December 7, 2010

What would you like to learn to like?

Have you always liked everything you like now? Did you always appreciate every type of music you appreciate now? Have you always enjoyed doing everything you enjoy doing now? I think you will answer these questions with 'no'. Apparently, what we appreciate is not fixed, it can and will develop over time. I remember, it must be more than 20 years ago, how I put down a book which I disliked because I found it extremely boring and abstract. I was very surprised when, a few years later, I found myself reading in the book thinking how marvelous it was and what a great resource it was. It struck me how much my frame of reference must have changed and how different my sense of what was interesting apparently had become.

Trying to understand what had happened, I thought a bit more about this. Until then, I had always, more or less thought about the interestingness of things as relatively stable characteristics of those things. That is apparently false. What had made the book which I had found so boring first interesting for me now? In the meantime I had read and thought a lot on the subject and I had become more knowledgeable. Before, I had done that, the gap between my knowledge and the content of the book was so large that it discouraged me and turned me off. After a few years, the situation had become much different. The book now provided some interesting answers to questions I had formed about the topic.

I noticed how big a difference it was to have to read it while I found it uninteresting and wanting to read the book because I found it interesting. The first experience was demotivating and hard, the latter was motivating and fun. I decided try to utilize this insight. I decided to focus on reading things that really interested me and when something would not interest me I would put it aside and sometimes I would think: "Maybe I am not ready for this; maybe I will appreciated that later, or not." By following this simple rule, reading itself became much more fun. I noticed that I had actually learned myself to like reading more.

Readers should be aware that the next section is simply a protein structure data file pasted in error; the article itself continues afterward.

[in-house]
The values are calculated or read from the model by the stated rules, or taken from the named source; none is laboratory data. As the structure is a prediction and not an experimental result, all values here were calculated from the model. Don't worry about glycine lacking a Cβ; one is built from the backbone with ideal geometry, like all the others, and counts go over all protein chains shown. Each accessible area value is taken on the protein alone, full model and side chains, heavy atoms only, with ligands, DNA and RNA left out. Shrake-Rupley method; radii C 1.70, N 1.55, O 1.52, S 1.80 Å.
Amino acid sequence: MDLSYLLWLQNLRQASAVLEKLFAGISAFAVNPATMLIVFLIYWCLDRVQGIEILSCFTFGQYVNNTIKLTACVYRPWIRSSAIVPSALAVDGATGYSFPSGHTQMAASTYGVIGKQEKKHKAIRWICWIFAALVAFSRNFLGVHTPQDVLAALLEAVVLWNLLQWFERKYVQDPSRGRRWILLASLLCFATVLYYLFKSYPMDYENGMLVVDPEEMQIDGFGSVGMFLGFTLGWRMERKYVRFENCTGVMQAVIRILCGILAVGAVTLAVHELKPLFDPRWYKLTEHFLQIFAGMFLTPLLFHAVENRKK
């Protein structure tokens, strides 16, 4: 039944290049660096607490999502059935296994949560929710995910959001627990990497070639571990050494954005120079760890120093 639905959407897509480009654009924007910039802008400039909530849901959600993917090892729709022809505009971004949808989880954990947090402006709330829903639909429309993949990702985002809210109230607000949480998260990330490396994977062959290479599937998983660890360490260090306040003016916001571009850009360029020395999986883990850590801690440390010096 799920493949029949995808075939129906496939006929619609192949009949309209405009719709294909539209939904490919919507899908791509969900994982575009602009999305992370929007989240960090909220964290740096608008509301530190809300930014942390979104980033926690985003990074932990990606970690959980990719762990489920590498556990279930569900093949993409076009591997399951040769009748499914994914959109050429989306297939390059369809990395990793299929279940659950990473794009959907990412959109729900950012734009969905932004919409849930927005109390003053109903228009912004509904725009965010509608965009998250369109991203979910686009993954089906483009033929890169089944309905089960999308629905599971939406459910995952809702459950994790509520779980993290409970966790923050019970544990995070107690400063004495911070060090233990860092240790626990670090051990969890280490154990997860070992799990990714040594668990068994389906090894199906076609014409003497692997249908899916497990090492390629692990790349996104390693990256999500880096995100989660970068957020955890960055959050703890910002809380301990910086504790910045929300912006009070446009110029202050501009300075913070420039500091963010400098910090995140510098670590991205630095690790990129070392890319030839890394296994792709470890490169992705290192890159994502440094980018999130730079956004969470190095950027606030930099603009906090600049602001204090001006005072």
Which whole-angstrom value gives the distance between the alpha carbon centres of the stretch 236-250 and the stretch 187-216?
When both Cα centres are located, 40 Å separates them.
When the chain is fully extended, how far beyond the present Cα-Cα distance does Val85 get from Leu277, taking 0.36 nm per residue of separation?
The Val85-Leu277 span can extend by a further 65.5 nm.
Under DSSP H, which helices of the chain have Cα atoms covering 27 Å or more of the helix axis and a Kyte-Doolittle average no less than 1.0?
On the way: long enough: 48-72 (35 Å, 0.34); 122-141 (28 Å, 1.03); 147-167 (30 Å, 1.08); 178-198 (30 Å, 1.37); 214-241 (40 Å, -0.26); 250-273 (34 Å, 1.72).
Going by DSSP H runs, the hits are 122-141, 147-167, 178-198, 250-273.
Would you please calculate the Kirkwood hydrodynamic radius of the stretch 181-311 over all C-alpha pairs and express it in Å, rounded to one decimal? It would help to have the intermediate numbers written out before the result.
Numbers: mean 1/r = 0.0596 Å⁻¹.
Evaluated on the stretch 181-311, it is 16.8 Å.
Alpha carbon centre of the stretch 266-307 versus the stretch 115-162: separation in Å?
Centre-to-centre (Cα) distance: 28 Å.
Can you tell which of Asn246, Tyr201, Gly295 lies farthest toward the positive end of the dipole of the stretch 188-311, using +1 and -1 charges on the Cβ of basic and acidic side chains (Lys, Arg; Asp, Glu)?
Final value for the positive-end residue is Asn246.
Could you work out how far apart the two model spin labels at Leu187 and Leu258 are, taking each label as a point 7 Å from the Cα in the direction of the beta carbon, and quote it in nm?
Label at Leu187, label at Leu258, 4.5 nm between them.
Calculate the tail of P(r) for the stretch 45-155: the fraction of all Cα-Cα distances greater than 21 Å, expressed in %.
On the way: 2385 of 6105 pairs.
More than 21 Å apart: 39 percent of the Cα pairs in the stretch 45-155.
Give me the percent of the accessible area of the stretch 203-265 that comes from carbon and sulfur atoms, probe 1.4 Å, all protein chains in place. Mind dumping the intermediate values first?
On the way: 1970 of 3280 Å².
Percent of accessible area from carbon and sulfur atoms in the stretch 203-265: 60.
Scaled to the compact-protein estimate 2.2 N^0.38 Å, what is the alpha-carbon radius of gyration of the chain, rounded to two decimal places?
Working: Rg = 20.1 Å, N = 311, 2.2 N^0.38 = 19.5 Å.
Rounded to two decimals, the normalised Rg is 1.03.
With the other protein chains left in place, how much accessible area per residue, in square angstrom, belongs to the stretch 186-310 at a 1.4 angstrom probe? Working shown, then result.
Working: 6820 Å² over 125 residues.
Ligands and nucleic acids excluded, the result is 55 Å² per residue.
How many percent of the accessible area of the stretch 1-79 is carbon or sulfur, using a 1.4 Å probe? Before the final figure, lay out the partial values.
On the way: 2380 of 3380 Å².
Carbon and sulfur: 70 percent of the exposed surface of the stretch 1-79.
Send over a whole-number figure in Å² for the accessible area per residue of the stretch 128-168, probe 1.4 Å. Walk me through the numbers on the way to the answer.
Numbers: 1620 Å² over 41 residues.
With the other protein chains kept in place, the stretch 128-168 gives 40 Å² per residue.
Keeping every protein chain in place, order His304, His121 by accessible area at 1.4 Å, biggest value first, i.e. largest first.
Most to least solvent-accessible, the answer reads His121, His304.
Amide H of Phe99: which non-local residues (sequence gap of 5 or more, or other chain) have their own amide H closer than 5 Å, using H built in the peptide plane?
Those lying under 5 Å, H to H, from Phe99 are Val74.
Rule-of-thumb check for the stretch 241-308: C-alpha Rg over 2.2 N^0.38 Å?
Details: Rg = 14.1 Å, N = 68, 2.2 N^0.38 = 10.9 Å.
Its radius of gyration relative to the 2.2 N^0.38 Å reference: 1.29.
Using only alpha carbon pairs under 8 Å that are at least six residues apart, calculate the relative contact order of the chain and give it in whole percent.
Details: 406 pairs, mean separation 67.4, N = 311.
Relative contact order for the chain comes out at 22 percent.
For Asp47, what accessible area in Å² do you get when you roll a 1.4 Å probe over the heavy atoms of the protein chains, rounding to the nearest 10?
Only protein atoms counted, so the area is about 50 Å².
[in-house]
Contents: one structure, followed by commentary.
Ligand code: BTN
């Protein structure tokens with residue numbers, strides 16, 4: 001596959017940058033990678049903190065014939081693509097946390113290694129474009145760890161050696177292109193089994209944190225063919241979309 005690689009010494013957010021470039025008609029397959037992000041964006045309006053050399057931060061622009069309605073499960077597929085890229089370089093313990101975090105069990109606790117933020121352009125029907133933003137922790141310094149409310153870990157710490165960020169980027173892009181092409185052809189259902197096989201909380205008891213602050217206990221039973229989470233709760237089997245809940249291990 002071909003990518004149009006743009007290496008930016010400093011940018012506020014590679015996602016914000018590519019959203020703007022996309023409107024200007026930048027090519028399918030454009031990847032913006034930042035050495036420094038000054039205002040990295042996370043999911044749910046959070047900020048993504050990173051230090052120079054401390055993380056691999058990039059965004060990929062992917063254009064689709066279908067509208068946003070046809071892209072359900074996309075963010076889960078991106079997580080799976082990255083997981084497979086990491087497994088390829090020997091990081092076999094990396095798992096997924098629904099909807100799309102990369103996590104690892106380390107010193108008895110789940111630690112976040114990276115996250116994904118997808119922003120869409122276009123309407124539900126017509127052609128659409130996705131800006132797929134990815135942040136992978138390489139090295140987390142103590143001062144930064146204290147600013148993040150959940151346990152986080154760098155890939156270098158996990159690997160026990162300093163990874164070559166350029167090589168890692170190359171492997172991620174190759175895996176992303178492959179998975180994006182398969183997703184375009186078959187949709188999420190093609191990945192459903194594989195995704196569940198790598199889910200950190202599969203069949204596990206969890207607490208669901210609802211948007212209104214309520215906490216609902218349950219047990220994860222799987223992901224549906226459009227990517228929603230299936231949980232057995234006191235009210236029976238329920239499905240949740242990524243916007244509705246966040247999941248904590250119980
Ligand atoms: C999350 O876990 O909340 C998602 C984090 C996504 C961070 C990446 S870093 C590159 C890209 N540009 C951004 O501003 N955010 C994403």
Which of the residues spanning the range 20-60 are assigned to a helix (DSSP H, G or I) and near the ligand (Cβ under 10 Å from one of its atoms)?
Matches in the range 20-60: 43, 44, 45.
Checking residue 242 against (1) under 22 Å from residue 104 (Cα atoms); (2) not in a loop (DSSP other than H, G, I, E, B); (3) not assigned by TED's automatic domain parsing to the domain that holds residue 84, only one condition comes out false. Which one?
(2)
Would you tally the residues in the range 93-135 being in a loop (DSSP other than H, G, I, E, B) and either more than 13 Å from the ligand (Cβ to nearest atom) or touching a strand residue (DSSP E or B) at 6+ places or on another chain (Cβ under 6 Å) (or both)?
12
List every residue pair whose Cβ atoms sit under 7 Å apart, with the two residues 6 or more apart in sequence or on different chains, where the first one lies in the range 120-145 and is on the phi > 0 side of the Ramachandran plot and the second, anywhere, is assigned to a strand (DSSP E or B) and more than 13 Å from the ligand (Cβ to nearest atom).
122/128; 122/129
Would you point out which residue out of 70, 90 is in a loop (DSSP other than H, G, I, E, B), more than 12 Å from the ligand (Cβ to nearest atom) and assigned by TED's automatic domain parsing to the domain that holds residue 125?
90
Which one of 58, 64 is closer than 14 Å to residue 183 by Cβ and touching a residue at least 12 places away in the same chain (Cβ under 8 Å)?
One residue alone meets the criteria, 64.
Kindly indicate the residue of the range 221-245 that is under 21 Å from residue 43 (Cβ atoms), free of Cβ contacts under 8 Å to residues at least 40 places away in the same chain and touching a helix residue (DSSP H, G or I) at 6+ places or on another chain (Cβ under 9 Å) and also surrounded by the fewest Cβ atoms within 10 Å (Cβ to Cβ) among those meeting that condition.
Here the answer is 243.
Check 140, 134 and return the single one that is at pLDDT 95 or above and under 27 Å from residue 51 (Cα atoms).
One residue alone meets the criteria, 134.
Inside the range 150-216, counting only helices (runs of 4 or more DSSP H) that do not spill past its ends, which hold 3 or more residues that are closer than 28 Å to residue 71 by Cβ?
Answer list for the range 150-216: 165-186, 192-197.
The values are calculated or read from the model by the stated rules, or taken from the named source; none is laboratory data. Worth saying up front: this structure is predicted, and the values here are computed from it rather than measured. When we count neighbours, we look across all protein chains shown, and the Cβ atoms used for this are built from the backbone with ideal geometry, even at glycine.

Now, if what we find interesting is not fixed and if it is open to development, one might ask: to what extent can we choose what we would learn to like? And how would we make such a choice? One criterion for choosing what we would learn to like is by following people we admire. If someone you admire, an authority person, loves the composer Shostakovitch you may decide to listen to this composer a lot, too, so that you may learn to like him, too. You may, after some time, really start to like the composer. But you may also find that this does not happen. Then, you have choice. Do you declare you don't like the composer or do you more or less fake liking the composer so that you seem a bit similar to your authority person? Or do you think that perhaps you are not ready to understand Shostakovitch and say to yourself that you may appreciate him later (or not).

Anyway, back to my two questions: 1) to what extent can we choose what we would learn to like?, and 2) if we can, how should we choose what to learn to like?

My question to you is: what would you like to learn to like?


  1. Hi Coert! Excellent post. I would like to learn to "like" some people and exercise (fitness). Regards. Fred

  2. Hi Fred, I remember once reading about some actor who was asked how he could play romantic scenes with actresses he did not really like. he said something like: "I focus on what I do like about the person. There is always something nice or pretty about the person."

  3. I'm very unstable and I discovered that I ended up liking way too many things. Now I realized the it is too much and I don't know how to stop. My intuition tells me that it is a matter of loneliness, of not meeting the people who LOVE what I like.

    Now for some more direct answers:
    1. As long as something is reinterpreted to be more connected with something we love, it becomes more attractive, we like it more. i.e. I disliked economy, business in general but after an interaction with a social entrepreneurship group, my view started to change. Reading "The Rational Optimist" finalized the change. Now I find these fields very interesting.
    2. Here I believe that people have psychological predisposition towards certain types of information metabolism and certain types of specializations are better suited to these predispositions. :)

  4. thx Peter,
    I'm not sure I understand the first part (sorry, slow thinker). I like the idea that once we discover that something is connected w/ something we luv, we start to like it more. I believe that is true.


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